Meet Sasha Vodnik, Front-End Web Development and JavaScript Development Instructor at General Assembly San Francisco


Writing the Book on Writing Code

Sasha Vodnik is a front-end web developer and author who teaches Front-End Web Development and JavaScript Development at General Assembly’s San Francisco campus. He also writes books on HTML, CSS, and JavaScript and creates video courses through Below, he shared with us his thoughts on what it takes to succeed in the coding industry. Read Sasha’s articles “A Beginner’s Guide to HTML in Web Development,” and "A Beginner's Guide to JavaScript."

How would you define front-end web development in two sentences?

Front-end web development is the process of creating the part of a website that users see and interact with. Its foundations are HTML, CSS, and JavaScript.

What do you love about front-end web development?

Developers are constantly suggesting improvements to the front-end ecosystem and then helping make those improvements happen.

Why should someone learn essential front-end web development skills at GA?

There are lots of curricula for learning HTML, CSS, and JavaScript online, and some are quite good. But in my experience, a lot of us benefit from in-person teaching and from the accountability of a scheduled event that we’ve committed to attending for a certain period, and this is what GA offers that set us apart. GA instructors are free and encouraged to modify the curriculum as we see fit, so we’re able to give our own examples and cover topics that we think are especially important. GA has all sorts of events going on all the time, as well as space for current students and graduates to use, which offers chances to cross paths with new people.

What does a superstar front-end web development student look like?

Someone who looks for connections between what we’re doing in class and what they’ve seen in real life, building their own projects on the side to try things out.

What personal qualities will set someone up for success in the coding industry?

Humility, openness to constructive feedback/criticism, the ability to work with people from a wide variety of backgrounds and experiences, and the motivation to research answers to their own questions (and the skills to do it well).

What was your path to becoming a teacher and leader in front-end development?

I’m largely self-taught and learned by trying things out and researching what I didn’t know. For a long time, JavaScript wasn’t considered a “real” programming language by many engineers, but in recent years I think both the language and we as front-end developers have come into our own.

Why did the opportunity to teach at GA appeal to you?

I had been writing textbooks for several years, which I saw as teaching that was only one-way: I’d put curriculum out in the world but not be there when students interacted with it. Teaching at GA lets me interact with students in real life.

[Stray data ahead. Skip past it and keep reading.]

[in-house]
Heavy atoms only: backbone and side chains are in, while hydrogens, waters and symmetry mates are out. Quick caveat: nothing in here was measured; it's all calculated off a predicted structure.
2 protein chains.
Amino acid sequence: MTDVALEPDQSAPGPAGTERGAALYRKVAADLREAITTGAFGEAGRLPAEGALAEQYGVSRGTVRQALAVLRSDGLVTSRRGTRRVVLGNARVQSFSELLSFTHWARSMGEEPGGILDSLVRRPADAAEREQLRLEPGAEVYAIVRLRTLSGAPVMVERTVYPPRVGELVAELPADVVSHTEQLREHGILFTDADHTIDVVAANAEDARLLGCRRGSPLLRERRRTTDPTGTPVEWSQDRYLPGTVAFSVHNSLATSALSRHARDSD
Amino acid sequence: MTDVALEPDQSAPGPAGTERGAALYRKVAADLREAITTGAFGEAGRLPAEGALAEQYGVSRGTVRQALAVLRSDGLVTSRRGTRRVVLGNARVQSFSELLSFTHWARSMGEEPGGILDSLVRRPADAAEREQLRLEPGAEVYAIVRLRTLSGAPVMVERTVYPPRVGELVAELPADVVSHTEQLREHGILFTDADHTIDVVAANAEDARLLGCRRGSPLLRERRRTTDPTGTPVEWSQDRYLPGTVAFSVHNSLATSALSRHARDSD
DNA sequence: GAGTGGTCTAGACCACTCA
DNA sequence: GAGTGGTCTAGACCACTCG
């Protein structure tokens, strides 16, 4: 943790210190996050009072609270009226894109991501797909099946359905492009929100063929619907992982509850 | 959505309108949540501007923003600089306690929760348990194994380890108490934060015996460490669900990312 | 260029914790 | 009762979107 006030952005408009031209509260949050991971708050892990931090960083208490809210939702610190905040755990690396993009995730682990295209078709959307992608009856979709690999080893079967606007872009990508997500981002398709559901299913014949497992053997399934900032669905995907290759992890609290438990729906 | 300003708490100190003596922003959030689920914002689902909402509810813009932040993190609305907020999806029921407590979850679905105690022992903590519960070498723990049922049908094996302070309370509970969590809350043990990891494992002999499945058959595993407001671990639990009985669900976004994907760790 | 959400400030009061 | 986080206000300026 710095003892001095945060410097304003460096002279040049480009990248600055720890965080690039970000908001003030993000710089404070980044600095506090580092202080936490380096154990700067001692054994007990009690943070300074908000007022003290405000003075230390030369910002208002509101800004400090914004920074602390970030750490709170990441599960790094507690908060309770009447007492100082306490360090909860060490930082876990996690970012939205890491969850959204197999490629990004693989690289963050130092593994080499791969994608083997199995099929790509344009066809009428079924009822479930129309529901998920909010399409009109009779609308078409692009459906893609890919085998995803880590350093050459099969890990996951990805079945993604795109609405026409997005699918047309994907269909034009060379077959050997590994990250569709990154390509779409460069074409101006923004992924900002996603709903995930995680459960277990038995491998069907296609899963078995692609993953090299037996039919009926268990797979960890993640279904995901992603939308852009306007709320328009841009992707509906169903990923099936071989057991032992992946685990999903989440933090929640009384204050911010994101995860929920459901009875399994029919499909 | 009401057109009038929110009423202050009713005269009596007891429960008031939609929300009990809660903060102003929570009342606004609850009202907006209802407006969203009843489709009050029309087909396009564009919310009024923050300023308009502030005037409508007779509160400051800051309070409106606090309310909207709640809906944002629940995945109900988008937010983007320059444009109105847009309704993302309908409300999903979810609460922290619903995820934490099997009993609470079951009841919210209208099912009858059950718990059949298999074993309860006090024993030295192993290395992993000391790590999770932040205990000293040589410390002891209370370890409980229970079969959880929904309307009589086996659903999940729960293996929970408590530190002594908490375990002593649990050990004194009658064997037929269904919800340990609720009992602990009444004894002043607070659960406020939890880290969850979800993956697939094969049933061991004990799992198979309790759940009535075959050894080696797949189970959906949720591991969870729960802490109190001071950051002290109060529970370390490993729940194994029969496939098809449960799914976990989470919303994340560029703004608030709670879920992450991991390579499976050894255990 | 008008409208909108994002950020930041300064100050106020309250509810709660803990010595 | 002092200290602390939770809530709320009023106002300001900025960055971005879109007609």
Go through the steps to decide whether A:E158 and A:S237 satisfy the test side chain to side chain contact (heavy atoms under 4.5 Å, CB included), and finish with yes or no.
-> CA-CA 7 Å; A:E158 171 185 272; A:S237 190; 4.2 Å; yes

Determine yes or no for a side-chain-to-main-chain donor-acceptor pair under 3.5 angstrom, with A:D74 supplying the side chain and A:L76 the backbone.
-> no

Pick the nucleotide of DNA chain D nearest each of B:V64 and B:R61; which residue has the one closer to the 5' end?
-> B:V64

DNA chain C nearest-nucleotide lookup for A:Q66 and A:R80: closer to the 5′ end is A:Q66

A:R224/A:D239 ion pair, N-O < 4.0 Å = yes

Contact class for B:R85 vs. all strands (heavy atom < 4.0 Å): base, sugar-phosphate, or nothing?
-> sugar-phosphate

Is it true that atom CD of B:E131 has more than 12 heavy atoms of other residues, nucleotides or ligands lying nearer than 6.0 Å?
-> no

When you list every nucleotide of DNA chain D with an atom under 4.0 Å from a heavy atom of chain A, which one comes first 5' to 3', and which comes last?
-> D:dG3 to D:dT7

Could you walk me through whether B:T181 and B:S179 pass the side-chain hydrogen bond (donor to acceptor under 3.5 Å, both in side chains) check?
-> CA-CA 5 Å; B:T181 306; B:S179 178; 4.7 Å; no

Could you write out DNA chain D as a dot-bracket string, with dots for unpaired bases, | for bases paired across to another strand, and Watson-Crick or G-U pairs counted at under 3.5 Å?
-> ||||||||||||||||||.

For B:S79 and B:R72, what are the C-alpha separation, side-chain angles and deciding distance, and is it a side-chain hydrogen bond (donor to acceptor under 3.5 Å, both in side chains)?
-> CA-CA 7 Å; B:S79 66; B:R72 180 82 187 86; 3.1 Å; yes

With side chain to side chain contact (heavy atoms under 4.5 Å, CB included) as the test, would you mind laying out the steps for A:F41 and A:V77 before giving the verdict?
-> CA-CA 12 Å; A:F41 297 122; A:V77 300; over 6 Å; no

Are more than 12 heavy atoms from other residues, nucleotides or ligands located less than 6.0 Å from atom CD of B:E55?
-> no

How would you describe your teaching philosophy?

Every student brings a lot of knowledge and skills to the classroom already. One of my goals is to help you recognize what you already know and connect it to what we’re trying to do. I think one of the most important skills I teach is how to troubleshoot and how to find answers to your questions so you can continue to learn and grow as a developer long after your time in my classroom.

What has been your favorite memory as a GA instructor?

Students are constantly mixing and recombining things I teach them in new ways, and it’s a thrill to experience each time they do.

How do you help struggling students break through to meet or go beyond their minimum GA course requirements?

When I see a student struggling, I reach out and work with them to identify what resources they could use to help them get over the hump. Sometimes that’s extra one-on-one time working with concepts or on homework. It can also be additions to or tweaks to my teaching style that help them focus better in the classroom.

How do you push high-achieving students to go beyond the minimum GA course requirements?

With the front-end web, there are so many opportunities for this! When a student seems to have a firm grasp on something, I try to connect that concept to something they may have seen on the web in real life, sketch the outlines of the connection for them, and invite them to research it and try it out.

What are some free resources and tools a student can use to stay up to speed in front-end web development?

CSS-Tricks is constantly surfacing best practices in HTML and CSS, and the Front End Developer Handbook gives a great annual overview of the state of the field.

Between taking the course and finding a job, what is the best way to get practical, real-world experience in front-end web development?

Code every day! Build your own projects; find a nonprofit or team that would benefit from your contribution to their work. Keep trying things, running up against the limits of your experience, researching, building, and learning.